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Water and its major challenges for the 21st century: Effect on arid zones Volume 21, issue 1, janvier-février-mars 2010

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Académie des sciences 23, quai de Conti75006 ParisFrance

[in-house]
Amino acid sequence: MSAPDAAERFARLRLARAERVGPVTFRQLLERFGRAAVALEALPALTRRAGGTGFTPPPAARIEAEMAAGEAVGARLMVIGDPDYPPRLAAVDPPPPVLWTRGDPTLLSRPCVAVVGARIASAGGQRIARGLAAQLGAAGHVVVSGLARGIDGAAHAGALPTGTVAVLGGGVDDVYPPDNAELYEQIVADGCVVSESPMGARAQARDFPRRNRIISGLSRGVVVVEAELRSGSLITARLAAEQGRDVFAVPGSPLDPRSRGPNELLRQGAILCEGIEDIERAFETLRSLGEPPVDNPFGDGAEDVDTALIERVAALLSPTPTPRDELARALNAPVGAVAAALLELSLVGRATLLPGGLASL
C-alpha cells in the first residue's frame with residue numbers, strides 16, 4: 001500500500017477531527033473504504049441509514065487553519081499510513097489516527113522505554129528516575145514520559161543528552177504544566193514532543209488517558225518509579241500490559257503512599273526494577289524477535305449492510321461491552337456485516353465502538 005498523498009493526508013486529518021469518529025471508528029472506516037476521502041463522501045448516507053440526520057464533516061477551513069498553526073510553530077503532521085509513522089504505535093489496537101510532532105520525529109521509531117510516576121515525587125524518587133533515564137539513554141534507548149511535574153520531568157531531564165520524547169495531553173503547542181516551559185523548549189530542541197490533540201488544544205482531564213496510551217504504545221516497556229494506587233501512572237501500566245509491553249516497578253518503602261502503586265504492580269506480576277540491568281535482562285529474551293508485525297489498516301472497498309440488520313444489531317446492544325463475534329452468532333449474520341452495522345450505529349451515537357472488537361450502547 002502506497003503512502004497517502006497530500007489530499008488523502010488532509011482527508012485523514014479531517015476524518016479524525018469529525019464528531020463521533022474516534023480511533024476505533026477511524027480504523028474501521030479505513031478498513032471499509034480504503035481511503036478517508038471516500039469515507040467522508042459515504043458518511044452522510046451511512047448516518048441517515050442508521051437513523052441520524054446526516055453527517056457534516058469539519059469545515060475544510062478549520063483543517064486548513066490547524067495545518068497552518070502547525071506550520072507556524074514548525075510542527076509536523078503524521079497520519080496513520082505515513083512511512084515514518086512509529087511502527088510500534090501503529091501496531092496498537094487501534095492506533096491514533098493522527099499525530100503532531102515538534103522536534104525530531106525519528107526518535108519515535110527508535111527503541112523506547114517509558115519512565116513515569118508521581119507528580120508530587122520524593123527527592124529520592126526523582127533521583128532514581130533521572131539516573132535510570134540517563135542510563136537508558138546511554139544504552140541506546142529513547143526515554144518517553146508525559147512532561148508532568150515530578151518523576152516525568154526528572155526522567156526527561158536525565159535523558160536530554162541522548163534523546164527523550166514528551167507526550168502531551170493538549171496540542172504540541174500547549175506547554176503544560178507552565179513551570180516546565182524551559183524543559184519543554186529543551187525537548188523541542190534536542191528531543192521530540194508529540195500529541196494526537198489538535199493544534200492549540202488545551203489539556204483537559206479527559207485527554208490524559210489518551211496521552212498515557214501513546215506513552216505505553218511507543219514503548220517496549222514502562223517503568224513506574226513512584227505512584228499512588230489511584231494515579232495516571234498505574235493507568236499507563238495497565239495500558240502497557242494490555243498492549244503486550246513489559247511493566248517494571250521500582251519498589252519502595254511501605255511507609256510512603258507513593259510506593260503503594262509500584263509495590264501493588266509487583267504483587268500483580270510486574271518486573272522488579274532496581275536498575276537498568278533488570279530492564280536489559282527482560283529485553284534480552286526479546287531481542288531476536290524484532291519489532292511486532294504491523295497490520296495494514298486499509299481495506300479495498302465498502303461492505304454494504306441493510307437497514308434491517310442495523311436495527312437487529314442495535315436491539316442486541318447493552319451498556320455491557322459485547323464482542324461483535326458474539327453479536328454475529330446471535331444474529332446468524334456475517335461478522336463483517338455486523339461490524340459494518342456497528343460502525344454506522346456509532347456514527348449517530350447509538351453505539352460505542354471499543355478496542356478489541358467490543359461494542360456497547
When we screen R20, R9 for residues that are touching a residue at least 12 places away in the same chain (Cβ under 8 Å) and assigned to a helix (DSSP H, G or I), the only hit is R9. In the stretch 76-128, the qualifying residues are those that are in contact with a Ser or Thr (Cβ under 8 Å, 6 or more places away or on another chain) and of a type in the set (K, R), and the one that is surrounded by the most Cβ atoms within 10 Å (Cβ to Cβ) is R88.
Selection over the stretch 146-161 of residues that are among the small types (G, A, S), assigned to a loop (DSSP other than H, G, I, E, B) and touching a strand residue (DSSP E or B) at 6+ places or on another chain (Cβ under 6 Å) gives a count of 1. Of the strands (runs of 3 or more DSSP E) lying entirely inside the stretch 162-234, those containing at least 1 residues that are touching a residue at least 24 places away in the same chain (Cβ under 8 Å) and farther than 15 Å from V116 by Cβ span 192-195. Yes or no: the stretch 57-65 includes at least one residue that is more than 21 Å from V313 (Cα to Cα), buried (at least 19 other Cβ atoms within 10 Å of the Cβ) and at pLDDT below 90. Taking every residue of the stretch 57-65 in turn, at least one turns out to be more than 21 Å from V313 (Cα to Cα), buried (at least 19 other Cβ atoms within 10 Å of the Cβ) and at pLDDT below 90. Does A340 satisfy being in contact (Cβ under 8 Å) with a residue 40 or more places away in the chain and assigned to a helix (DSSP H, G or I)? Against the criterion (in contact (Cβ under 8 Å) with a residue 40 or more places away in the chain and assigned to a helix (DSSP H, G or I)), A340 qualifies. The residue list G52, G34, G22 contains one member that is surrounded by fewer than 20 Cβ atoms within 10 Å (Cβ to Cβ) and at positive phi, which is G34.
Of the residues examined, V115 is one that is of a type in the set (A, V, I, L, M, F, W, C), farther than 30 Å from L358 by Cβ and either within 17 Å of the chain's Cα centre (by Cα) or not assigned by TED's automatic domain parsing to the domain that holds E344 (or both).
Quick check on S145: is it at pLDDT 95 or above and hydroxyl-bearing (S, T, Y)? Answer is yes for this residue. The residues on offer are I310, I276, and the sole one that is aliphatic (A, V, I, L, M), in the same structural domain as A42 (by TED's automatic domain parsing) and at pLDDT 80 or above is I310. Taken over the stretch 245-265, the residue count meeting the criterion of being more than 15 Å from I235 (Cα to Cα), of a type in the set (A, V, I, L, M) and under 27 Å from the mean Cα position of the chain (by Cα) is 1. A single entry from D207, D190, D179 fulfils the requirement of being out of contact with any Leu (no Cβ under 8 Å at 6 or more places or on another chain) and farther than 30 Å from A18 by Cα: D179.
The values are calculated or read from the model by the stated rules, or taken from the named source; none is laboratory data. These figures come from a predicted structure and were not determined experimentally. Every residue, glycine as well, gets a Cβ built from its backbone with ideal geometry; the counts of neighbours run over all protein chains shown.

What are the great challenges for water resources in the 21st century? There are, of course, a great many but in this article, the emphasis is first on the potential hydrological effects of climate changes: increasing aridity at Mediterranean latitudes with a decrease of arable land and more abundant rainfall elsewhere as well as a probable spatial extension of arable land in northern regions as the permafrost thaws. The main question then discussed concerns the capability of the planet to feed its population in 2050, when the world will reach 9 billion inhabitants, under these changing conditions. The answer is affirmative but it seems probable that entire tracts of the Earth (e.g. all of Asia, the Middle-East and North-Africa) will no longer be self-sufficient in food production and thus obliged to import food, resorting to so-called virtual water. South-America, the OECD countries and the former USSR will be able to produce the food needed in zones with food deficits. The arid zone will naturally experience a very large deficit (reaching 60% of its needs) but it will not necessarily be the most deprived one owing to its economic development, which will generate enough wealth to allow it to import the food it needs. SubSaharan Africa may theoretically be able to produce the food it needs but its slower rate of development threatens to make it equally dependent on virtual water but facing greater difficulties for its importation. Problems of biodiversity conservation and risks of worldwide droughts that may cause famines due to low food stocks are also touched upon.